What Causes Keratosis Pilaris In Children & How To Treat It?

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Keratosis pilaris on kids may cause dry and rough patches and tiny bumps on the skin. Although not harmful, these skin lesions may cause itching. The condition can often be seen on the face, neck, legs, thigh, and buttocks.

Keratosis pilaris is a common skin condition, and the affected skin may have a chicken skin-like appearance and is often called “chicken skin.” Seek pediatric attention if you suspect keratosis pilaris in your child.

Read on to know the causes, symptoms, and treatment of keratosis pilaris on children.

What Does Keratosis Pilaris Look Like?

The skin looks like you have goosebumps

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In this condition, the skin looks like when you have goosebumps. The tiny bumps may appear whitish red or brownish-black based on the color of your skin. The skin would feel dry and rough like sandpaper or chicken skin.

Causes Of Keratosis Pilaris In Children 

Keratosis pilaris is caused due to the blockage of the skin pores due to the excess production of keratin. The clogged pores block the growth of hair follicles, resulting in small bumps on the skin. Although the exact cause of keratin build-up is unknown, it is believed to be hereditary (1).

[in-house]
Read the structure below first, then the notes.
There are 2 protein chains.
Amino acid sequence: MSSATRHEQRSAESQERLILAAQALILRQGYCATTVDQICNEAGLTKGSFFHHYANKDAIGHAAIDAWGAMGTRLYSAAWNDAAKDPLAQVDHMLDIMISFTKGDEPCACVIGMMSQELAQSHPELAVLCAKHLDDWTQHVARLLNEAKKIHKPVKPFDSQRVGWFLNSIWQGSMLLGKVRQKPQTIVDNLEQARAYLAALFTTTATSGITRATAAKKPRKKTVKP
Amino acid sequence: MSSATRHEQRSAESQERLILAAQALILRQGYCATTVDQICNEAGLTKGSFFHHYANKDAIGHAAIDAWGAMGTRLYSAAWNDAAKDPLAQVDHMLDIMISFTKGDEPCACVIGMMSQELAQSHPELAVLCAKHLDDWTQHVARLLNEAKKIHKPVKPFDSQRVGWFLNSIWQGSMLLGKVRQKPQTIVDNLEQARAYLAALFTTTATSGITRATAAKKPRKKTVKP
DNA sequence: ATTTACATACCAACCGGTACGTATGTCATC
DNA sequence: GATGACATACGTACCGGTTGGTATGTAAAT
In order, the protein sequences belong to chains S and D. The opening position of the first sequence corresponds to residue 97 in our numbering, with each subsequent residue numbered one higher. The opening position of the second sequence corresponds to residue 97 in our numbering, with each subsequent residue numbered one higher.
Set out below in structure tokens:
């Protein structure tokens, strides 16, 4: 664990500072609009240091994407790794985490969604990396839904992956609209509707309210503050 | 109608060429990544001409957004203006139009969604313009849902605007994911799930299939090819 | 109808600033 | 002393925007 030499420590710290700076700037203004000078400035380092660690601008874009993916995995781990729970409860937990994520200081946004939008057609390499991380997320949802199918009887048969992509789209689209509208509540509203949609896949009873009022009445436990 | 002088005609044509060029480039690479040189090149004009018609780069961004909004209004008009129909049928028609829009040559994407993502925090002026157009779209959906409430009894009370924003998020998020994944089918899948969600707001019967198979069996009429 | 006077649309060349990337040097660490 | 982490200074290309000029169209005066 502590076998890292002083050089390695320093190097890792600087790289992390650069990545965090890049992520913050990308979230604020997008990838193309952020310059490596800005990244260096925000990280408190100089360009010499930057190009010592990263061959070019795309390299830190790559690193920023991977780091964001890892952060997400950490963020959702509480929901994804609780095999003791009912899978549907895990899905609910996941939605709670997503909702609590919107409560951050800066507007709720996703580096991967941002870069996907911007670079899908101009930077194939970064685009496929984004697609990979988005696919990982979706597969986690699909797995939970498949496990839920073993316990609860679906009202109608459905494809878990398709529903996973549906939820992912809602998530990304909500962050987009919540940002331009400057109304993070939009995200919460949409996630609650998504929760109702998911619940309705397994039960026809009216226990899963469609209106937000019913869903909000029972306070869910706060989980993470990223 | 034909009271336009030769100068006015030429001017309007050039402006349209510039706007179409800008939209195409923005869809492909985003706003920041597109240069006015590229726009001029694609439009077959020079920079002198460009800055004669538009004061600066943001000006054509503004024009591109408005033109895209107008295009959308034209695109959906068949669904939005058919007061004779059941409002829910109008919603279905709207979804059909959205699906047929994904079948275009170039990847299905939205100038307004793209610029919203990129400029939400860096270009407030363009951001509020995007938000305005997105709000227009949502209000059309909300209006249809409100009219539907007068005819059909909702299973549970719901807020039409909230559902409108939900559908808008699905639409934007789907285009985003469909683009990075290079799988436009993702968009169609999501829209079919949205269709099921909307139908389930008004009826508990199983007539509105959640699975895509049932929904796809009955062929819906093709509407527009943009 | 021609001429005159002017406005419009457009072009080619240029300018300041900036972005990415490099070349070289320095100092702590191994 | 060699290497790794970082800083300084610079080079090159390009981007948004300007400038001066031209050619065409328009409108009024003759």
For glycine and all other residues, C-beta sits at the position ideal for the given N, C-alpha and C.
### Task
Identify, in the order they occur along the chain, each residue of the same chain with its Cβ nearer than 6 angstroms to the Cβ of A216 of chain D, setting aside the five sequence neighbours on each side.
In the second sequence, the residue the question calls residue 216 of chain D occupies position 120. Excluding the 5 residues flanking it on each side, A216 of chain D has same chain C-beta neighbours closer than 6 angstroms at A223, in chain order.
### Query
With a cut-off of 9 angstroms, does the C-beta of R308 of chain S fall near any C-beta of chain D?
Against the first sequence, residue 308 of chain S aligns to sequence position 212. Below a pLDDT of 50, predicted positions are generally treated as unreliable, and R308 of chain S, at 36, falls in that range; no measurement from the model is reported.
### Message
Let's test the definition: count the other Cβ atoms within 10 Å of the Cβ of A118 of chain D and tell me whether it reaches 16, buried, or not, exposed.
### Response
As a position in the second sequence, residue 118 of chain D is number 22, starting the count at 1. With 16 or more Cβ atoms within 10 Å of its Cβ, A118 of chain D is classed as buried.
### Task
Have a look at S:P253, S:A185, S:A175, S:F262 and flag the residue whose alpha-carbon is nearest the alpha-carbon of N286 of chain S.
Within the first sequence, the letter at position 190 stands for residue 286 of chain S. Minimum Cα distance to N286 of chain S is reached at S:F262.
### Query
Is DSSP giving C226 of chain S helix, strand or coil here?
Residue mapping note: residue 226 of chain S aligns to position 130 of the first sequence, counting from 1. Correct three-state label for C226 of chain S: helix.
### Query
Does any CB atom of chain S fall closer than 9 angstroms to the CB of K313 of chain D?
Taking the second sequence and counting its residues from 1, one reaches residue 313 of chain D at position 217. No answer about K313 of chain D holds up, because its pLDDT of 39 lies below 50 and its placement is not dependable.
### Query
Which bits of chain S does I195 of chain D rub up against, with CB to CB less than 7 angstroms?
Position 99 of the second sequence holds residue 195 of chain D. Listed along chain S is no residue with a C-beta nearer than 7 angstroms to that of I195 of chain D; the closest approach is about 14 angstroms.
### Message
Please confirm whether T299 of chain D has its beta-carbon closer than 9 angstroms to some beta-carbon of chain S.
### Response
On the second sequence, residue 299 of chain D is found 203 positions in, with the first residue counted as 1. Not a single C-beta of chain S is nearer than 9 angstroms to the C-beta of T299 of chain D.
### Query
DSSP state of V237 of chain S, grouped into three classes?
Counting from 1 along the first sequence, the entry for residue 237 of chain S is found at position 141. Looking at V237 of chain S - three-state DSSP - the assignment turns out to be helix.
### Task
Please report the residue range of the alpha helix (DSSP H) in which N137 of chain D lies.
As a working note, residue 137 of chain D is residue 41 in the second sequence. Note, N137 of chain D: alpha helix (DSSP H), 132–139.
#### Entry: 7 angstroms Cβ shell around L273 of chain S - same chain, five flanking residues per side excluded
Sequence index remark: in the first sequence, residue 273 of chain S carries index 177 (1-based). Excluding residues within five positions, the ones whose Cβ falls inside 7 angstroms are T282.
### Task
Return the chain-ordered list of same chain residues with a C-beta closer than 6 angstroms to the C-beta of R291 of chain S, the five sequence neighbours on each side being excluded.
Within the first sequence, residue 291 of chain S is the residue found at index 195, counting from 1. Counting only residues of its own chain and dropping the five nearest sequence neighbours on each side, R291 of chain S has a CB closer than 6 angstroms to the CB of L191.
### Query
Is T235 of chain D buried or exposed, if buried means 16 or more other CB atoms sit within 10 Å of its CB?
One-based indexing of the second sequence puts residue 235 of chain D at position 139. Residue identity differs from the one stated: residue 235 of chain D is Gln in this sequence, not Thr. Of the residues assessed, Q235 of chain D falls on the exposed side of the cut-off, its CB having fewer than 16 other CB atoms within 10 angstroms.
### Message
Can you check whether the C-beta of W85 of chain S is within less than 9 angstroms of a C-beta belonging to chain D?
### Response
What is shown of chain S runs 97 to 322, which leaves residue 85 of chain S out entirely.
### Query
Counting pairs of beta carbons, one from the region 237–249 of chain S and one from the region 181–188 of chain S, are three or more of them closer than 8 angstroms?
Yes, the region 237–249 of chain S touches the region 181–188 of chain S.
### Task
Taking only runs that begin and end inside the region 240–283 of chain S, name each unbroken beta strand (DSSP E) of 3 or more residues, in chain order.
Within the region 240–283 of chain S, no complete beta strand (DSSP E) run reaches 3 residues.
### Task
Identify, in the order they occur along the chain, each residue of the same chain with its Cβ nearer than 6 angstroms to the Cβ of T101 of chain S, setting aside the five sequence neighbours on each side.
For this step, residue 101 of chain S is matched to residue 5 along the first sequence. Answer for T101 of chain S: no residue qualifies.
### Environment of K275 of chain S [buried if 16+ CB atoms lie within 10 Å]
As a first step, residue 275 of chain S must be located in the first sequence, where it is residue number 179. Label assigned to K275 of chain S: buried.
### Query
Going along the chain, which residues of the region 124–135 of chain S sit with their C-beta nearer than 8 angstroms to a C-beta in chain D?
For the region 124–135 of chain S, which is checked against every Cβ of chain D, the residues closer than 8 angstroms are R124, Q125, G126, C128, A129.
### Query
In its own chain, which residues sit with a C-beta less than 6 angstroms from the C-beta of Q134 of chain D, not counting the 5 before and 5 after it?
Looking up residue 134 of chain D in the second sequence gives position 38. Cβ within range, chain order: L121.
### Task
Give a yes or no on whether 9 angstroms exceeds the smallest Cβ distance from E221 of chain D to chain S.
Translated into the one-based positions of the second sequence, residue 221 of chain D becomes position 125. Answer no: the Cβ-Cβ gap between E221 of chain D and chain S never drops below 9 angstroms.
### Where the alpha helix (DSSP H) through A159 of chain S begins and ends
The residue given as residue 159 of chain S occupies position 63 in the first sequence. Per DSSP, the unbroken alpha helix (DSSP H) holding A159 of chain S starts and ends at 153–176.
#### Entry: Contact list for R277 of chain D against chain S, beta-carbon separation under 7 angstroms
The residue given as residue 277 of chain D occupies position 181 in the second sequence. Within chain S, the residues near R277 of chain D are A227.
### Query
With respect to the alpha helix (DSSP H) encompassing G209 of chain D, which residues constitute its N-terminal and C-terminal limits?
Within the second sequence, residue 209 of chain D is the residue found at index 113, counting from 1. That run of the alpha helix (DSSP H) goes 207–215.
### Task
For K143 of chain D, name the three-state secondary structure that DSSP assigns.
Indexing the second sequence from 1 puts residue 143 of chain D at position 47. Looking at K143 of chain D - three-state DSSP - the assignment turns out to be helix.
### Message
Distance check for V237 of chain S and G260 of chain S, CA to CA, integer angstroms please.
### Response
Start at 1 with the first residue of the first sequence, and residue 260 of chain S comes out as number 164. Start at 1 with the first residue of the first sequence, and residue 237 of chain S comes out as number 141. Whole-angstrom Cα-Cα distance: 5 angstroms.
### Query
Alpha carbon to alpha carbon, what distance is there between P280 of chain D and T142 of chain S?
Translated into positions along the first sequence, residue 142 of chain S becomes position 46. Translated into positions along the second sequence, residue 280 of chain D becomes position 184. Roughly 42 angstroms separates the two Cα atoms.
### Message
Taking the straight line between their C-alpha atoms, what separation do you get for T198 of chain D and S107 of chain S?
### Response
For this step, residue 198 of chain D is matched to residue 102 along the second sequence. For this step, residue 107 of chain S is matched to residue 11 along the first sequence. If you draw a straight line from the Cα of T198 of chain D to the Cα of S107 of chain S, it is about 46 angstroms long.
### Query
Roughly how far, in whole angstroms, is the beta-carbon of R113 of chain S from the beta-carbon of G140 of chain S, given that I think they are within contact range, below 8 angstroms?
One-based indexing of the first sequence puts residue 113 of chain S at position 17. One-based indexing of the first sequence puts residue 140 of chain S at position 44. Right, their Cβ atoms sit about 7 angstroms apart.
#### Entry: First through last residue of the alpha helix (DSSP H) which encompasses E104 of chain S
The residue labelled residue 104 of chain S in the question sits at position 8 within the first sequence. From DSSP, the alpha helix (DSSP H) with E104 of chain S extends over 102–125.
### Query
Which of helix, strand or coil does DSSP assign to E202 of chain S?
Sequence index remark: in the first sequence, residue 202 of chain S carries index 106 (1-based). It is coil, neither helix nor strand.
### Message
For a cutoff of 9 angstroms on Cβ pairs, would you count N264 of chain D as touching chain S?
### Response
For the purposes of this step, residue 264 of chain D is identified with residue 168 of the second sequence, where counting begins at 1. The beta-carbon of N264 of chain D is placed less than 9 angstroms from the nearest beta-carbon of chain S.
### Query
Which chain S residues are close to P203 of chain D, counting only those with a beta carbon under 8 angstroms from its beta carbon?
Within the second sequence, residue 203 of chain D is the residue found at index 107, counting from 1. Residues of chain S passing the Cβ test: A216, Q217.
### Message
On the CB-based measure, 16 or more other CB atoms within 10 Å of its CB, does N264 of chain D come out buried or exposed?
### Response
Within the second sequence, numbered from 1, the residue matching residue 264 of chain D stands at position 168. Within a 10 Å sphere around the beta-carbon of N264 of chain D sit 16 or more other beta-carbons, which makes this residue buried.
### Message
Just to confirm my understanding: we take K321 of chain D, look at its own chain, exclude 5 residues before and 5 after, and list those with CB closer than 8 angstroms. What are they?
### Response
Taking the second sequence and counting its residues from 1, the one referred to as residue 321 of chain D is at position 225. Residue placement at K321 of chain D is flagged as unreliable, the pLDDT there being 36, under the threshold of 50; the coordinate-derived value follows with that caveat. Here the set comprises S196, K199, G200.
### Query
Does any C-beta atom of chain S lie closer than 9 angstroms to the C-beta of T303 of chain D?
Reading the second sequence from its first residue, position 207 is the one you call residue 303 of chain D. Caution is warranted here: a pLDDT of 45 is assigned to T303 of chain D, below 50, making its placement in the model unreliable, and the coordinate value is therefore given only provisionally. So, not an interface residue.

Who Is At A Risk Of Developing Keratosis Pilaris?

The condition may occur secondary to eczema or atopic dermatitis

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This condition is found in people of all ages. However, most people get this condition before two years of age or during their teenage years (2). The condition is also known to affect 50 to 80% of adolescence (3).

Sometimes, it is also seen as a secondary condition in children with eczema or atopic dermatitis (4). Children with the following factors could also be at a higher risk of developing keratosis pilaris (3).

  • A family history of the condition
  • Asthma
  • Dry skin
  • Obesity

Symptoms Of Keratosis Pilaris

The symptoms of the condition could differ in different children. Here are some common symptoms of keratosis pilaris.

  • Small, hard bumps on the upper arms, things, buttocks, and sometimes, cheeks
  • Bumps with pale, dry skin scales on top
  • Bumps within the hair from the follicle

As these symptoms may also resemble other skin conditions, consult your healthcare provider for the exact diagnosis.

Diagnosis Of Keratosis Pilaris In Children 

Your child’s doctor would do a physical examination to identify keratosis pilaris. They may also ask about your family and child’s medical history.

In some rare cases, a small sample of the skin may be sent for examination if the physical examination fails to prove the diagnosis.

Complications Of Keratosis Pilaris In Children

Keratosis Pilaris in kids can make their skin dry and flaky